When it comes to work compliance in the cannabis industry, many business owners want to know what makes their business different from other retail or service industries.
The main reason for this uncertainty is that, according to the federal government, marijuana is still classified as a drug, meaning it has no medical benefit and is highly addictive. You can get more details about the best medical cannabis consultation services in Canada via https://naturalscireg.ca/cannabis/.
Under this name, many aspects of commerce that are not a problem for normal business, such as banking and taxes, become additional burdens in day-to-day business.
Many states have made strides in reforming marijuana, such as giving it a medical name, while others have made it completely legal. State enforcement is a major concern for cannabis dispensaries and there will be more or less concern depending on the administration.
While state regulations on the legality of marijuana maintain its bleak status, business owners still have to adhere to normal business standards. At the state level, where it is legal to run a cannabis dispensary, employees defend their right to a fair work environment. Therefore, the posting of job posters is still mandatory, at least at the state level.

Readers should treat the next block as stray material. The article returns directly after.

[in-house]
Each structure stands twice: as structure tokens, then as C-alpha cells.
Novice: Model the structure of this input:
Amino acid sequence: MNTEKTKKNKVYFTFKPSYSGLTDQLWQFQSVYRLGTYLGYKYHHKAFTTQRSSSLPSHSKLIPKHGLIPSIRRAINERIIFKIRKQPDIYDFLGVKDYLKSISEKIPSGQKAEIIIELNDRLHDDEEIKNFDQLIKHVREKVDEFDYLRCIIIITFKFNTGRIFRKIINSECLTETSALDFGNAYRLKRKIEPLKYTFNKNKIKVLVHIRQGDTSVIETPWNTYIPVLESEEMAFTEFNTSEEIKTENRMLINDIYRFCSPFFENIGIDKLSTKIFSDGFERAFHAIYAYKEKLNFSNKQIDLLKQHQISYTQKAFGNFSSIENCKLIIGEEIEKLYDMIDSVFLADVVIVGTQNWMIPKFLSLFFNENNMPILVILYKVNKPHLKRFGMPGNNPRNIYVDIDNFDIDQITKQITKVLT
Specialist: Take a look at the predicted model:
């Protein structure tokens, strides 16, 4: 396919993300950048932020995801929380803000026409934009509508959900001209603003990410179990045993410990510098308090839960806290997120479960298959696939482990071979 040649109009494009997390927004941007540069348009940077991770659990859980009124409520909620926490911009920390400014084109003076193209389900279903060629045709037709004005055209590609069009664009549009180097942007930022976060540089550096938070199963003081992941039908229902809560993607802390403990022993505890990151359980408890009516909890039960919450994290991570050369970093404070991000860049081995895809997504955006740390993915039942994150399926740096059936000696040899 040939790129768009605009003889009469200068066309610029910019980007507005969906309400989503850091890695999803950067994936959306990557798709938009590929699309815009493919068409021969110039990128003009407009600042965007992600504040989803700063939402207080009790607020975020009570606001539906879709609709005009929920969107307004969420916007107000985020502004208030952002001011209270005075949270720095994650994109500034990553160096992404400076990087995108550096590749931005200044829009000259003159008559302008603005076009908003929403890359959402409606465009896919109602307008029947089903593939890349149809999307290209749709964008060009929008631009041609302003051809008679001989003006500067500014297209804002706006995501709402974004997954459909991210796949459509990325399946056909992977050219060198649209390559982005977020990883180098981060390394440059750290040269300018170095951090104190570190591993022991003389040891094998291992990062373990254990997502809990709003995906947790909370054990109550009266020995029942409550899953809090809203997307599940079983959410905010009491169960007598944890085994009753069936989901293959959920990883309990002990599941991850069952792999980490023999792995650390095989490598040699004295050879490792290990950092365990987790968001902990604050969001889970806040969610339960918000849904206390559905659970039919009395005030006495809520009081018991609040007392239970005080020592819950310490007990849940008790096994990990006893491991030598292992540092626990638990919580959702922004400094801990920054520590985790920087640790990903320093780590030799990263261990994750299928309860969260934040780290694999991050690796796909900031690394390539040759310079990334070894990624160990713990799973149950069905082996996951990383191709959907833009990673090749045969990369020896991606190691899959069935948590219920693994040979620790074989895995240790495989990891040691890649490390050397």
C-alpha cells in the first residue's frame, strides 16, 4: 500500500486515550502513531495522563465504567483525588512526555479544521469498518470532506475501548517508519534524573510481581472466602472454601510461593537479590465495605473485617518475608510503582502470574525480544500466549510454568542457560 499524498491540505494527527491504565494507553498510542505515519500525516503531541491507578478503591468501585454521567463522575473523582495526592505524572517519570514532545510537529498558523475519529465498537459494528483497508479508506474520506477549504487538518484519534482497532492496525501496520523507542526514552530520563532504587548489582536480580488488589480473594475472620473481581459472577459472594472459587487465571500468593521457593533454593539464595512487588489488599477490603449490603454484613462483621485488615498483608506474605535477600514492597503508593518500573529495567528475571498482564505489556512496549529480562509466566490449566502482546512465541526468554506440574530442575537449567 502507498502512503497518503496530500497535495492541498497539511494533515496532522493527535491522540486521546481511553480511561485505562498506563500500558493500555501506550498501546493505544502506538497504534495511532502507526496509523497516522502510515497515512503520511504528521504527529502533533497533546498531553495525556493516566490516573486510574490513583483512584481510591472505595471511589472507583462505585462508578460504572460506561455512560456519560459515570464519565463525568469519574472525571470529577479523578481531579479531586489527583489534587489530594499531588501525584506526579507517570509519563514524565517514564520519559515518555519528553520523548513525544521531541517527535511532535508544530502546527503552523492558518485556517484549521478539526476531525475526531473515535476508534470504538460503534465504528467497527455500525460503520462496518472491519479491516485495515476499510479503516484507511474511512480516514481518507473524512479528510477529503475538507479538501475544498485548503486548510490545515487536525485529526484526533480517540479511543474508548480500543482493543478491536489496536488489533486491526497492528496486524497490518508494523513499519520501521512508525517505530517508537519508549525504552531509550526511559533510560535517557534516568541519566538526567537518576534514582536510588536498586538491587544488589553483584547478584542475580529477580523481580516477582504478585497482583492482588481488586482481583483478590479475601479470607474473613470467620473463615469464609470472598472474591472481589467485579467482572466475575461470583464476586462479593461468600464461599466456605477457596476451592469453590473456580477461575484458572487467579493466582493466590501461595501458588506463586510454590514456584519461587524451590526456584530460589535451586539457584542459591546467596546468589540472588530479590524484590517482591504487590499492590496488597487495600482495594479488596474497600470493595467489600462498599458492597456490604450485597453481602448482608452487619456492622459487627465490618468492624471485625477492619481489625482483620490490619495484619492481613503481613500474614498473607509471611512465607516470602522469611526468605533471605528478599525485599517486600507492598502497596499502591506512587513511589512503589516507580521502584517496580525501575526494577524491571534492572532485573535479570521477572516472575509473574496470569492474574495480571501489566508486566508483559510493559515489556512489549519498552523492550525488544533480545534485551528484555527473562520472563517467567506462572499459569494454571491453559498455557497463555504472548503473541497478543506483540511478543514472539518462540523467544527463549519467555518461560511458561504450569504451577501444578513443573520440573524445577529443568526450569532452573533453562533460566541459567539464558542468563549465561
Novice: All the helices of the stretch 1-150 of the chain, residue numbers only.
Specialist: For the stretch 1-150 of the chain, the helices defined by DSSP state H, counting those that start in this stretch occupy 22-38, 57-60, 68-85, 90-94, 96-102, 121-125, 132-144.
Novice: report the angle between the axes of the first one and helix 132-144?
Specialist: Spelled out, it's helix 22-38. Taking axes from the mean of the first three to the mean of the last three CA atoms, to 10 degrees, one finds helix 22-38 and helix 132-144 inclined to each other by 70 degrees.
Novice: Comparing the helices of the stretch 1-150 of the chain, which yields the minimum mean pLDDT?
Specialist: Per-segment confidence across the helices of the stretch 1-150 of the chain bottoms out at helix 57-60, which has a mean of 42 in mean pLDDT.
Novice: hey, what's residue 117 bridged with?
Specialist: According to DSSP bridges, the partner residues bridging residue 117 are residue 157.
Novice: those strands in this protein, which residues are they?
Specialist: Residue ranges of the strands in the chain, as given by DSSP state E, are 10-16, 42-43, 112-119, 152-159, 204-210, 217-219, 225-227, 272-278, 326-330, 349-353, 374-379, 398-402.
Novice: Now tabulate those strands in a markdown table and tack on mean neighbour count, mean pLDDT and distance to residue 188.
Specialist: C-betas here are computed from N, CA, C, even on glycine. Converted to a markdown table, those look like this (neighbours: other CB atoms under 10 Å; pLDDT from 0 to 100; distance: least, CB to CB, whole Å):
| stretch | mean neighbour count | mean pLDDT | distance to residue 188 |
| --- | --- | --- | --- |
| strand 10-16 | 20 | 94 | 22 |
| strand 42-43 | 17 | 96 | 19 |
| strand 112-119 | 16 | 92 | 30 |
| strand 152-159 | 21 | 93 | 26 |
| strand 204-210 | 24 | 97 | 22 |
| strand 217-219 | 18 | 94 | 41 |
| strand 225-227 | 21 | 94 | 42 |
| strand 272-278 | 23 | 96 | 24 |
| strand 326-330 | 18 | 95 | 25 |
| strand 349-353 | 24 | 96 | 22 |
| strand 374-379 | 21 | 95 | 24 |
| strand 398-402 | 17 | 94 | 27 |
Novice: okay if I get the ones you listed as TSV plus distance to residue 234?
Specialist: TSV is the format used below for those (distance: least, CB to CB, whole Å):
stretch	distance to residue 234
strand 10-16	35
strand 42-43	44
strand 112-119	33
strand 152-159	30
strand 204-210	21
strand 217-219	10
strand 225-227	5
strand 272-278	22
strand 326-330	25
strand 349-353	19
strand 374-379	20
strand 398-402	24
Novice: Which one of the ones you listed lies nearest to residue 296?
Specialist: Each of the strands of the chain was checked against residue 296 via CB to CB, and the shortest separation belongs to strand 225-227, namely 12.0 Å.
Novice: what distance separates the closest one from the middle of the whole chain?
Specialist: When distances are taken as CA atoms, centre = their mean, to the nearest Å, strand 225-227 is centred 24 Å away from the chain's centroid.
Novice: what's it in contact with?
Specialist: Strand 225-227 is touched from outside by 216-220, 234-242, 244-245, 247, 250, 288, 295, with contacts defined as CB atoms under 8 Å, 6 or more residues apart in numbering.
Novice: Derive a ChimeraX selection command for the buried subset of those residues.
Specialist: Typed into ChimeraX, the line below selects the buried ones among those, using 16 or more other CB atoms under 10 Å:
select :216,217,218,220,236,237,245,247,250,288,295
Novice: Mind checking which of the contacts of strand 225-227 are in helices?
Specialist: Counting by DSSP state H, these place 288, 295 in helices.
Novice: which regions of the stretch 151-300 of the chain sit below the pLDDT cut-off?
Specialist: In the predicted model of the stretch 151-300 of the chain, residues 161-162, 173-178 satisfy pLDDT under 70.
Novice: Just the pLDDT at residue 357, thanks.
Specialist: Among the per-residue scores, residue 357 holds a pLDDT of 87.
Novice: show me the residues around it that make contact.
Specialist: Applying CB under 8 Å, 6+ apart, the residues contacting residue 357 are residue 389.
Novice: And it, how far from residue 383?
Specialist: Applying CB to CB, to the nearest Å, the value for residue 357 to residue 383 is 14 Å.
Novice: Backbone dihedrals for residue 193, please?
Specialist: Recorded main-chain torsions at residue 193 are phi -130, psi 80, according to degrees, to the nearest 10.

This means that laws on minimum wages, work safety, and anti-discrimination laws must continue to be complied with. With respect to federal laws such as the fair labor standards act, family and medical leave act, equal employment opportunities, OSHA Compliance, employment rights and the resignation of uniform service act, and the employee polygraph protection act, these laws remain uncertain.
On the one hand, employers are still responsible for complying with federal labor laws, even though the company itself is not recognized as a legal entity. Therefore, it is still good business practice to comply with these laws even if the attention of the federal government is not on the business.